When you take your garlic homeOpen your package immediately and inspect it. If you have any questions or concerns, now is the time to contact us! Leave bags open, and store your garlic in a dark and cool place until you are ready to plant. Don’t store them in plastic or in the refrigerator.
Plant garlic two to four weeks before the ground freezes solid. This will enable the cloves to establish some roots while minimizing the amount of top growth prior to Winter. In warmer regions, plant 2-4 weeks before the coldest time of year. Break bulbs apart and use all cloves that are plump and firm. It is not necessary to peel each clove. Plant root ends down, 2" deep. Space cloves 6" apart with 9" between rows. Mix some form of nitrogen (compost, manure) into the soil before planting. Plant in full sun and rich, well-drained soil, though garlic will tolerate many soil types. If you have clay soil, improve the structure with organic matter, not sand. Apply a few inches of mulch such as chopped hay, leaves, or grass clippings, and water in.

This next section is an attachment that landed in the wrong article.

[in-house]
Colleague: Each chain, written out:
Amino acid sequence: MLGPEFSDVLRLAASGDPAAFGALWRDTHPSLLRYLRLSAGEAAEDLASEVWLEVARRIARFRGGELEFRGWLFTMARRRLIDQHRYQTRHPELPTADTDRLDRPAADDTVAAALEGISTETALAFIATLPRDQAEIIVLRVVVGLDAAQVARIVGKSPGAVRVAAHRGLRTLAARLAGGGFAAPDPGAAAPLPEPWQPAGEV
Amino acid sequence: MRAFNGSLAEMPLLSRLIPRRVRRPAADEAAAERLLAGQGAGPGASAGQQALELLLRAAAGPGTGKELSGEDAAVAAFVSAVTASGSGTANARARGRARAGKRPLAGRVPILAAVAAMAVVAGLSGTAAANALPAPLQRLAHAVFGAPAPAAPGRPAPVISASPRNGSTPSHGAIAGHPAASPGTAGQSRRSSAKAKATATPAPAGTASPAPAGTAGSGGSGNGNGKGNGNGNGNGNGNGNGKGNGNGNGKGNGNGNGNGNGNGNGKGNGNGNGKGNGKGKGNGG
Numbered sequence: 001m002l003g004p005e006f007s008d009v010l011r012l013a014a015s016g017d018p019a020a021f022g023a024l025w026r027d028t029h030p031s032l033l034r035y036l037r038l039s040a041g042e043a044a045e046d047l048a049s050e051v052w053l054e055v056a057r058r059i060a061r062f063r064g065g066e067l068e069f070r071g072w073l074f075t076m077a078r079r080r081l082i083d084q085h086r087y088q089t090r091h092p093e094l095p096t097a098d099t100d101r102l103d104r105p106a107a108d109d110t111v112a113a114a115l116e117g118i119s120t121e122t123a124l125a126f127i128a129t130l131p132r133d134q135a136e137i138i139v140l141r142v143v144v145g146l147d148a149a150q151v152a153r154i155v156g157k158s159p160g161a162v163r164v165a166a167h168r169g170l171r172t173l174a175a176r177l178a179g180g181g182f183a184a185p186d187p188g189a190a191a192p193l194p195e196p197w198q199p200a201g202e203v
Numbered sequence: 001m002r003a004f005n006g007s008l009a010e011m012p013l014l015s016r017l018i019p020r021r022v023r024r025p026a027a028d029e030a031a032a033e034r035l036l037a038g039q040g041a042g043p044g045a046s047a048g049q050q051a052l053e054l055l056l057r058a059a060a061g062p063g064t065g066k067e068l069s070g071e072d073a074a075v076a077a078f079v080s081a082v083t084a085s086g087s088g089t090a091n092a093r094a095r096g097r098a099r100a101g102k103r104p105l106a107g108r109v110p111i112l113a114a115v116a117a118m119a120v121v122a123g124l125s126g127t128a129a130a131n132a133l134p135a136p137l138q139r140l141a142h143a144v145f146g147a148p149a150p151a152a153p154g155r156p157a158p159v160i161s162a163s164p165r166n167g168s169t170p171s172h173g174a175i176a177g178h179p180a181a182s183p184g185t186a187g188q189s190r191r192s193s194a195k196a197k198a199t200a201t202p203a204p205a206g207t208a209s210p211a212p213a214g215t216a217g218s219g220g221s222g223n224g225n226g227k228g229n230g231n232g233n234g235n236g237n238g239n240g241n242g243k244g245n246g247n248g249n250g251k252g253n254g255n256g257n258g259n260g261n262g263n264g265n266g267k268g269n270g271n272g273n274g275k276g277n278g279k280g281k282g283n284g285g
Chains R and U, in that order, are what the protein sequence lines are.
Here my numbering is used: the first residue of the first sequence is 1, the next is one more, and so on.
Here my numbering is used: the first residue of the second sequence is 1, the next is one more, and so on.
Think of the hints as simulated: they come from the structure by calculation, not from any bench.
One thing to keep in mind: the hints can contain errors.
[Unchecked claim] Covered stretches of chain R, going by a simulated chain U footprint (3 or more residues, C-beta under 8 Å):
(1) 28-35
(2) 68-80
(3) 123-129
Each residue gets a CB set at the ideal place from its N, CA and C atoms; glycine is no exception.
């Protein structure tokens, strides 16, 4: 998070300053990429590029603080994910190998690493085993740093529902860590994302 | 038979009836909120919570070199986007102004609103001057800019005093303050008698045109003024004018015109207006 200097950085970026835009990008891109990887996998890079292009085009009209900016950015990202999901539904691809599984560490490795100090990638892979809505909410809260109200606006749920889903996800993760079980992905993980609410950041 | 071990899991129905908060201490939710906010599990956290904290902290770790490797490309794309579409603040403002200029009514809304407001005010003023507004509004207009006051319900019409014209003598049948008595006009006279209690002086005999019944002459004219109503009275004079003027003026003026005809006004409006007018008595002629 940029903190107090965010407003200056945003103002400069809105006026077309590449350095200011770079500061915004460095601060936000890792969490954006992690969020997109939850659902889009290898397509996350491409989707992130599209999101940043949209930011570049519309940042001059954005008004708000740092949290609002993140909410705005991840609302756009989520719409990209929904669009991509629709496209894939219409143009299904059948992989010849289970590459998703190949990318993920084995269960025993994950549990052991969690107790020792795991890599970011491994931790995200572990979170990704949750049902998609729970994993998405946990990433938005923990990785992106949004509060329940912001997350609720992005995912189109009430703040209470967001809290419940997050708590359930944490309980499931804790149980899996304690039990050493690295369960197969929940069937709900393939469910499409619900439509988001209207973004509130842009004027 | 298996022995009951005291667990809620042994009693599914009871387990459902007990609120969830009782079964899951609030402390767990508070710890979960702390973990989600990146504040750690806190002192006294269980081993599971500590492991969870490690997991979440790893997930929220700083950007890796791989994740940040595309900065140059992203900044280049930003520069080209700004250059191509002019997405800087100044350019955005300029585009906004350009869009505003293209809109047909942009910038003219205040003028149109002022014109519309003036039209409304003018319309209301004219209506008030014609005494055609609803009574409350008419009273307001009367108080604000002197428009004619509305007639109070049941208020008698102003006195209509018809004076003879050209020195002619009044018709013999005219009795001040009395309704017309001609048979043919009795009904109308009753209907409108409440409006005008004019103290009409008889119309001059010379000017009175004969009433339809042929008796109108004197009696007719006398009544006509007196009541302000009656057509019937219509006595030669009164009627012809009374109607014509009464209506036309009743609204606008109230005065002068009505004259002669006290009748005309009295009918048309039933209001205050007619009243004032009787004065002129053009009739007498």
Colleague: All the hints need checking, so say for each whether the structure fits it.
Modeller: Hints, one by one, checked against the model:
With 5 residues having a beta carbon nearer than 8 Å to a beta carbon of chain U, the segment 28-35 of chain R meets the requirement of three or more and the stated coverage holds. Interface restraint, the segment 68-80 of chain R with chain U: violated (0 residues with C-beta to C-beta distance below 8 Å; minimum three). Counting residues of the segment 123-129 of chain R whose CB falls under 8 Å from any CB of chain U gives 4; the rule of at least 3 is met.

Provide nitrogen during vegetative growth in the early Spring and deep watering as needed. Keep water in the root zone, not around bulbs. Hardneck varieties will send up a flower stalk called a scape. When the scape has formed one curl, they should be removed so growth is directed to the bulb. These are a tasty treat, too!
Cut off water about 2-3 weeks before harvest.
Harvesting & Curing
Harvest garlic when the top 4-5 leaves are 50% green and the lower leaves are completely dry. Each green leaf equates to one bulb wrapper that will remain on the bulb once harvested. Fewer bulb wrappers result in shorter storage. Brush off excess dirt and hang bundles of 5-10 plants out of direct sunlight where there is good air circulation. In wet climates, a fan might be needed. Let bulbs cure for 3-4 weeks. Softnecks take longer as there are layers of cloves. Trim roots and cut the neck ½" above bulb.
Store in netted bags or ventilated crates. Ideal storage temperatures are 55-65 degrees and 45%-60% humidity. Refrigerators are too humid, and garlic will begin to sprout. Asiatics and Turbans are the first harvested and shortest storing- 4 months. Rocamboles and Purple Stripes- 4-6 months, Porcelains- 6 months, Artichokes- 10 months, and Silverskins and Creoles can store up to a year.
Information provided by our garlic vendor, Filaree Farms.